Work has just begun beside Yeouido metro station on another skyscraper project called S-Trenue.
Running down the middle of Yeouido is part of the massive linear construction site for the Seoul Metro line 9. This huge project started in 2002 and due for completion at the end of 2008 will see 25.5km of new metro. It will have three tracks to allow express trains to run between the interchange stations as well as regular trains. There will be a new station outside the National Assembly building, an interchange with line 5 at Yeouido station and a new station at the eastern end of the island.
The method of construction is interesting. They have excavated the road along the route of the line and then covered over the excavation with steel girders and heavy iron roadway sections that can be removed as required. A common sight is to see concrete being poured into the worksite beneath the street:
notice how many cement trucks there are lined up ready to continue the pour.
As you can see, plenty to keep me interested, and that's just in Yeouido. Around Seoul and the rest of the country cranes are all over the place.
Thursday, November 16, 2006
You may recall in a previous review of blogs I mentioned Occidentalism and how it included some detailed posts about the issue of these tiny islands in the middle of the East Sea (Sea of Japan).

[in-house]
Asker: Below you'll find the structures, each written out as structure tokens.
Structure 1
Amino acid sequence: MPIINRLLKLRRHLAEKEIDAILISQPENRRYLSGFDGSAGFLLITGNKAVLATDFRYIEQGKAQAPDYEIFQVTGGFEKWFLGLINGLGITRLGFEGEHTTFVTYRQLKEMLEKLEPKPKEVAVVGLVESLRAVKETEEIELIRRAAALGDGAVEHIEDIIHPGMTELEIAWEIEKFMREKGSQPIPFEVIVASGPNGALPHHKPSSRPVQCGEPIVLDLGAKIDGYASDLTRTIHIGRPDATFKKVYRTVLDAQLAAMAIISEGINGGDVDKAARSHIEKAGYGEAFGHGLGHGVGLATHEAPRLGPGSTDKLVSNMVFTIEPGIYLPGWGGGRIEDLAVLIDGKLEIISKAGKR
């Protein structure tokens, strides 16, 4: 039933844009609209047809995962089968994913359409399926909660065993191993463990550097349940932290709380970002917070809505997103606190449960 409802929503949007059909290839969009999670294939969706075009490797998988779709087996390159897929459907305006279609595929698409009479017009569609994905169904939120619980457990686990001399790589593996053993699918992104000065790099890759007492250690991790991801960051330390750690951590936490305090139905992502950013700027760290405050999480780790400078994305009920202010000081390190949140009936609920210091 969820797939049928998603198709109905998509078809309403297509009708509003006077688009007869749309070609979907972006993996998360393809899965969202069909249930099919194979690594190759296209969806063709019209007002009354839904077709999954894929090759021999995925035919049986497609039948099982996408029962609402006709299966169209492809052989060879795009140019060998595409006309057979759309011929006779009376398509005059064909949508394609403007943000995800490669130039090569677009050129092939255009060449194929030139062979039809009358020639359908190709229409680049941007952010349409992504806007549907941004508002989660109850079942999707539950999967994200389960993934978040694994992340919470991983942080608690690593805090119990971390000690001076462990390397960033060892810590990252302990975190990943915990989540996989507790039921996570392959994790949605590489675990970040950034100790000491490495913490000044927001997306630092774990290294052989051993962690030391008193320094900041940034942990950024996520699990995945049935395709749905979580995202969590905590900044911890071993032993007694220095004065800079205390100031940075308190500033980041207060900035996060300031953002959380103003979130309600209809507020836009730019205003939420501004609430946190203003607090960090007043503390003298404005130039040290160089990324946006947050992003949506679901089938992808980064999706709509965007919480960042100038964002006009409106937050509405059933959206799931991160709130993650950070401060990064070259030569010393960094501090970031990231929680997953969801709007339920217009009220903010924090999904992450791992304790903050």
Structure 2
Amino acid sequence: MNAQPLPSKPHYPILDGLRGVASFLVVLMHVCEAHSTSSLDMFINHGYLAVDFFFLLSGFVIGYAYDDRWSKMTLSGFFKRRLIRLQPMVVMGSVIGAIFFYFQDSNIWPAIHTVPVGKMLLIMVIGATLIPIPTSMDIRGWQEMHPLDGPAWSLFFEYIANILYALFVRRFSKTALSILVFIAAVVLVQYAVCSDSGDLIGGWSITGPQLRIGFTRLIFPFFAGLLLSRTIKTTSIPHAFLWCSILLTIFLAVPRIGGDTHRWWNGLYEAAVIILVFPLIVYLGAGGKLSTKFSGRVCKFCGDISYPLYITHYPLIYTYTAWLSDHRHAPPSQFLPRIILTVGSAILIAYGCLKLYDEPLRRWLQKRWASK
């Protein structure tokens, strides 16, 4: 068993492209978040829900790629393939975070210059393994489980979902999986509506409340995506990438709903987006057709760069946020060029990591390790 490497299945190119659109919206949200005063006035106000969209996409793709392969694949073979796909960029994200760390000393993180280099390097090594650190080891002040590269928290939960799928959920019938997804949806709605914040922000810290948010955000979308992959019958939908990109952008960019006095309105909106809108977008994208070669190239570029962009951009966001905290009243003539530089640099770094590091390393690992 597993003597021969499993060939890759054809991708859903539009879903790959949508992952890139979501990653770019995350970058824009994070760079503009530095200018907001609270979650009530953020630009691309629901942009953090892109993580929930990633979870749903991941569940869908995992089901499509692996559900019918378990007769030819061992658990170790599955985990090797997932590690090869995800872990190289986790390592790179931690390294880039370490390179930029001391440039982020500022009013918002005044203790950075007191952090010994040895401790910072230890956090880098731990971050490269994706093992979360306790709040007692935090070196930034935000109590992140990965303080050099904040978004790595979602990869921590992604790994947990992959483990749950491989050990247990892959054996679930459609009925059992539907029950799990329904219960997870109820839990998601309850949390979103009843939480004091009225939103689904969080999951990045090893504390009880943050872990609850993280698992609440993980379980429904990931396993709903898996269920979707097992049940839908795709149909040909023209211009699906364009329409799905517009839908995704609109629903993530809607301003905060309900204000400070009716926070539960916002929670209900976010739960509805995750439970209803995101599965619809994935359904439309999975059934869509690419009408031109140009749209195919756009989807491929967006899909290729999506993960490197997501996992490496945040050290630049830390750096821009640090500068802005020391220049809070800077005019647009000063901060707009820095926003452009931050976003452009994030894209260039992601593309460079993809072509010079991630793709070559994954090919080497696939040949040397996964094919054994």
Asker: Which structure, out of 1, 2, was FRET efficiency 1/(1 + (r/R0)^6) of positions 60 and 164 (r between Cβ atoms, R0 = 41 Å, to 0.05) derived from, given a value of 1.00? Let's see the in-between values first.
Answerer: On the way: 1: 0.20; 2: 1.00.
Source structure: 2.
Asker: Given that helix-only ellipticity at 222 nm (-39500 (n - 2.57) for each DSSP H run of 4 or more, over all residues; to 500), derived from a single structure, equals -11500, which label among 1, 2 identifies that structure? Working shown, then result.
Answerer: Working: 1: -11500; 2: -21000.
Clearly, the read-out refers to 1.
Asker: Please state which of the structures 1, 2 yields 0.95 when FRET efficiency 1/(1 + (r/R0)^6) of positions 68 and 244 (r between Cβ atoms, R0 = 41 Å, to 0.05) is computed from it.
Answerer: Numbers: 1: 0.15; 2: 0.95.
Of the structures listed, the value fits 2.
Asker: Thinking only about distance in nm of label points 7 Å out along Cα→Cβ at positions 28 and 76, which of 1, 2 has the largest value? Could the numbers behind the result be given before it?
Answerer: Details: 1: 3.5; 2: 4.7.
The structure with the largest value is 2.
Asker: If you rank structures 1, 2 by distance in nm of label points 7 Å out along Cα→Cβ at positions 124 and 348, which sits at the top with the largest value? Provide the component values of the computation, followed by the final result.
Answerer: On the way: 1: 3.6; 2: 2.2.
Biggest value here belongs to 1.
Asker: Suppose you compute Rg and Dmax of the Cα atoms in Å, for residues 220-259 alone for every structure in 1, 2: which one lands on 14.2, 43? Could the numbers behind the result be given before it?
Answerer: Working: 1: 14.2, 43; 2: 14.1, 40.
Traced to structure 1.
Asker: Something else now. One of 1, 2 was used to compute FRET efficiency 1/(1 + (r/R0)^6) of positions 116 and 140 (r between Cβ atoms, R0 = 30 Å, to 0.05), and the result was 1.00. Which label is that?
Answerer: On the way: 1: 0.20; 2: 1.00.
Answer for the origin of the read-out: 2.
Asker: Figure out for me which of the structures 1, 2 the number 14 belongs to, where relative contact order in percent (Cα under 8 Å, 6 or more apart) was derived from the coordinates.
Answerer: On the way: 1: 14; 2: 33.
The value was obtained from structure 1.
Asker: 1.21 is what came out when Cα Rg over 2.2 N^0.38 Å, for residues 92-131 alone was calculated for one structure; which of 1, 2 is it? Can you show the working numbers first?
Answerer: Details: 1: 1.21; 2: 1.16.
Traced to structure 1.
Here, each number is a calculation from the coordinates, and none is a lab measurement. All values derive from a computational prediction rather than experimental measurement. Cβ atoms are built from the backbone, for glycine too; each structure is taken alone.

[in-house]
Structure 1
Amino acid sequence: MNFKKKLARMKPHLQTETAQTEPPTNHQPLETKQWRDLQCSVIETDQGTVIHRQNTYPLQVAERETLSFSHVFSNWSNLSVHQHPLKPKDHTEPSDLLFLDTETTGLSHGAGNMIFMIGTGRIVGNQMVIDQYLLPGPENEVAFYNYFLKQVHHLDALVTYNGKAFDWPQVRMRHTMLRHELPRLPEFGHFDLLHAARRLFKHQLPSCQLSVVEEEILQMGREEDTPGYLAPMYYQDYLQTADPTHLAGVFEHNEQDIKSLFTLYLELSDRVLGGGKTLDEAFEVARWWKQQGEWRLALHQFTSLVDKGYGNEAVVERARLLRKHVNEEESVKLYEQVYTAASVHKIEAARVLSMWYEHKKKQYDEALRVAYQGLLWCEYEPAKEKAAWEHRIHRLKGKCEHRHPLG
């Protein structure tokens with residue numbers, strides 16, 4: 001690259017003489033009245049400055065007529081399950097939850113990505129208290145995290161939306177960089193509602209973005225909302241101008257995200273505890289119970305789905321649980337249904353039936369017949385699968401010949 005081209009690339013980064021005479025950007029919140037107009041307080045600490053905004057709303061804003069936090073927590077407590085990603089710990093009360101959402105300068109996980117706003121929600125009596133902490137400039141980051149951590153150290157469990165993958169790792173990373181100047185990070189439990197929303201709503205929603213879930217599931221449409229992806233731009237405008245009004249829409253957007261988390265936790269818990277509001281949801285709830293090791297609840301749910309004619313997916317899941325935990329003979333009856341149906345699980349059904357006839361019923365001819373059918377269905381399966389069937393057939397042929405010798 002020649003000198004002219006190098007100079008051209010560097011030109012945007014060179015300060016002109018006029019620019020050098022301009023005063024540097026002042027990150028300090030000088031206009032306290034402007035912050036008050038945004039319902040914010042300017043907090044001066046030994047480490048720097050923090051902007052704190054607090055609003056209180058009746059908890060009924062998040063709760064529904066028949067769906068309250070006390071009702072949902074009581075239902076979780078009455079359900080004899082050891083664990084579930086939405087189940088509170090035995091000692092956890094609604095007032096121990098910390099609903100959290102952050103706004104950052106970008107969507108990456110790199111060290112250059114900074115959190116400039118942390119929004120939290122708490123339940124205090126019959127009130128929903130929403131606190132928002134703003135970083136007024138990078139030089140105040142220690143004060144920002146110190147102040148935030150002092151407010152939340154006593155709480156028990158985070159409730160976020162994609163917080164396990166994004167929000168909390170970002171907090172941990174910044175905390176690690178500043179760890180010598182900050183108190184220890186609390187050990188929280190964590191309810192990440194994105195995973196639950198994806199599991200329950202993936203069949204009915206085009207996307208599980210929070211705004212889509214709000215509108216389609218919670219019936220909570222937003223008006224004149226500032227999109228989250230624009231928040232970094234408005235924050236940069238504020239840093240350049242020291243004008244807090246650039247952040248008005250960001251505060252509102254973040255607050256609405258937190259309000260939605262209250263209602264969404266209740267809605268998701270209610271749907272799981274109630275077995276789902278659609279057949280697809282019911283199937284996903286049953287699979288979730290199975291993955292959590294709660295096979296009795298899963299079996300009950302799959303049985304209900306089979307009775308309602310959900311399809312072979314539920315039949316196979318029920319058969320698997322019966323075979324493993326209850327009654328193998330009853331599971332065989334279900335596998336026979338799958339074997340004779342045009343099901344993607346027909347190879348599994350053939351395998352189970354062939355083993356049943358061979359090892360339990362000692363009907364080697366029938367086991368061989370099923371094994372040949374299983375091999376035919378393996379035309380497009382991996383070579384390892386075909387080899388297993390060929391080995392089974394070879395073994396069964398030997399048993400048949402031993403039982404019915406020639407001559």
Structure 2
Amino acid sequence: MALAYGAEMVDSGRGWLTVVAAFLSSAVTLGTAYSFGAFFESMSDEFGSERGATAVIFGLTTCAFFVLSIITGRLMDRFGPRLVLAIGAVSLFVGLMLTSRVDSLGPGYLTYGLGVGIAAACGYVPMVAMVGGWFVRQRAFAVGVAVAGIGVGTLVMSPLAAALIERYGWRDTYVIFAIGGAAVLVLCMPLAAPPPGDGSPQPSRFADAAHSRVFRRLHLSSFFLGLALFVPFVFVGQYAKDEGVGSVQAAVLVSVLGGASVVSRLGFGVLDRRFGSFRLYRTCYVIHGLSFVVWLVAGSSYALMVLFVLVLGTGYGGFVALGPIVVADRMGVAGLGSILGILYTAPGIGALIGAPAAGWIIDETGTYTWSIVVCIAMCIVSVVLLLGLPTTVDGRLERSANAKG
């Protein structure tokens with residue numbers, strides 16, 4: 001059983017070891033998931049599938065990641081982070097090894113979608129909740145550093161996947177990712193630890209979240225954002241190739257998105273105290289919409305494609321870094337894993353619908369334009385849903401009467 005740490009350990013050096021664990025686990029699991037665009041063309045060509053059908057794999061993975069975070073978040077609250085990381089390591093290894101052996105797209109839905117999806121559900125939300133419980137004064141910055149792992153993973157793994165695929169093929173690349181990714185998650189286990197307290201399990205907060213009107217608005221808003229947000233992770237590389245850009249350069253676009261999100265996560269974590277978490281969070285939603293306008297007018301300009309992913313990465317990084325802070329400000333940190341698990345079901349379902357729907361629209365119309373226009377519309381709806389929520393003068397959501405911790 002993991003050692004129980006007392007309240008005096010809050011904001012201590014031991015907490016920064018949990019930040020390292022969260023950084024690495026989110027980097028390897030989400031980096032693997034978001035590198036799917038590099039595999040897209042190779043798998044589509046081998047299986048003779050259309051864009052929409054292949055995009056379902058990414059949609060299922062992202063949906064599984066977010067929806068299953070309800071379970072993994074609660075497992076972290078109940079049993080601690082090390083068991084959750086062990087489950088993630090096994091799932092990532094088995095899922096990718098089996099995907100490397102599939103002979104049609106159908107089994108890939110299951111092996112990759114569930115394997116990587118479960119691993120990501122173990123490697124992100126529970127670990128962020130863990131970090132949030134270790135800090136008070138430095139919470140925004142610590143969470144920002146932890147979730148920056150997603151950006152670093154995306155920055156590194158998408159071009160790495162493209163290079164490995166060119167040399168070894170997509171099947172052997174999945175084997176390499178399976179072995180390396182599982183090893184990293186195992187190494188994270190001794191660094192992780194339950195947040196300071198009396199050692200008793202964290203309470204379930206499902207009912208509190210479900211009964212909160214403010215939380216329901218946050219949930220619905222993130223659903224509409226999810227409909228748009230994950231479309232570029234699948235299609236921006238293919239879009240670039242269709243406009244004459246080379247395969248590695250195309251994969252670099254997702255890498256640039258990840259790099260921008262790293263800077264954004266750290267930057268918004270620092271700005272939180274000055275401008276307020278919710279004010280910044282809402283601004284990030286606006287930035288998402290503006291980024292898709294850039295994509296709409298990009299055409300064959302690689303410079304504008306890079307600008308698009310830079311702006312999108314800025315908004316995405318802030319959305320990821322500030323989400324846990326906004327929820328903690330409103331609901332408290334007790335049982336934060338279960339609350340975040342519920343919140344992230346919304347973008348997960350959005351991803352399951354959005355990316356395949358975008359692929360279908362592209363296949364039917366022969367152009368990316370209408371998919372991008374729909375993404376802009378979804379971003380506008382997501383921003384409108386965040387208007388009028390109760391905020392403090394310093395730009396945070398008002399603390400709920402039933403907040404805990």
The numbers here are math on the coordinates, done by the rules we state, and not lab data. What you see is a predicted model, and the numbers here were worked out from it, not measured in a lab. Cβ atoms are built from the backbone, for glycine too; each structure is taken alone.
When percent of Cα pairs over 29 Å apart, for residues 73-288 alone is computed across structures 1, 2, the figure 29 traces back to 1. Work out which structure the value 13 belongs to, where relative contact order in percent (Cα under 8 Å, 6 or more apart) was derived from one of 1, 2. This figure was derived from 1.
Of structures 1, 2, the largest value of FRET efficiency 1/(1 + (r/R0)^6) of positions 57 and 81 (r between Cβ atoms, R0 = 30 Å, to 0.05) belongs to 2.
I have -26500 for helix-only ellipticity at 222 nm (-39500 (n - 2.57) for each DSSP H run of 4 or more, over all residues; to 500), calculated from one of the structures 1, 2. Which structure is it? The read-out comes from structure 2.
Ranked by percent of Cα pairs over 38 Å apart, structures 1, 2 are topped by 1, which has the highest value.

Well, yesterday the president of the university Gerry works for in Incheon has asked him not to post anymore about Dokdo on the Internet.
He told me that it was a sensitive issue in Korea and that he had been contacted by individuals complaining of my postings on the subject. He said that he was worried about the school's reputation.
It seems some Korean students, unable to keep up with his detailed analysis, have formed a smear campaign to get him to fired for daring to suggest that well, actually, they might belong to the Japanese.
I've heard of people getting fired for blogging about the company they work for, but blogging about the sovereignty of a couple of islands? Considering the blog is his own personal work and does not even mention the university it seems a big mistake on the part of the president to prevent him blogging. His suggestion that Gerry should :
Write an academic paper or hold a seminar rather than broadcasting it over the Internet.
seems to miss that point that the posts could be classed as an academic paper, but because he is not a historian he is unlikely to get published. I suggest Gerry sends them to History Today and other sites.
It will be interesting to see if this story hits the newspapers tomorrow.
All Gerry's posts, along with the numerous comments they generated, are here if you'd like to follow the story :
Lies, Half-truths, & Dokdo Video, Part 1
Lies, Half-truths, & Dokdo Video, Part 2
Lies, Half-truths, & Dokdo Video, Maps 1
Lies, Half-truths, & Dokdo Video, Maps 2
“The Struggle for the Japanese Soul”
“South Korea must choose sides”
Lies, Half-truths, & Dokdo Video, Maps 3
Lies, Half-truths, & Dokdo Video, Part 3
Lies, Half-truths, & Dokdo Video, Part 4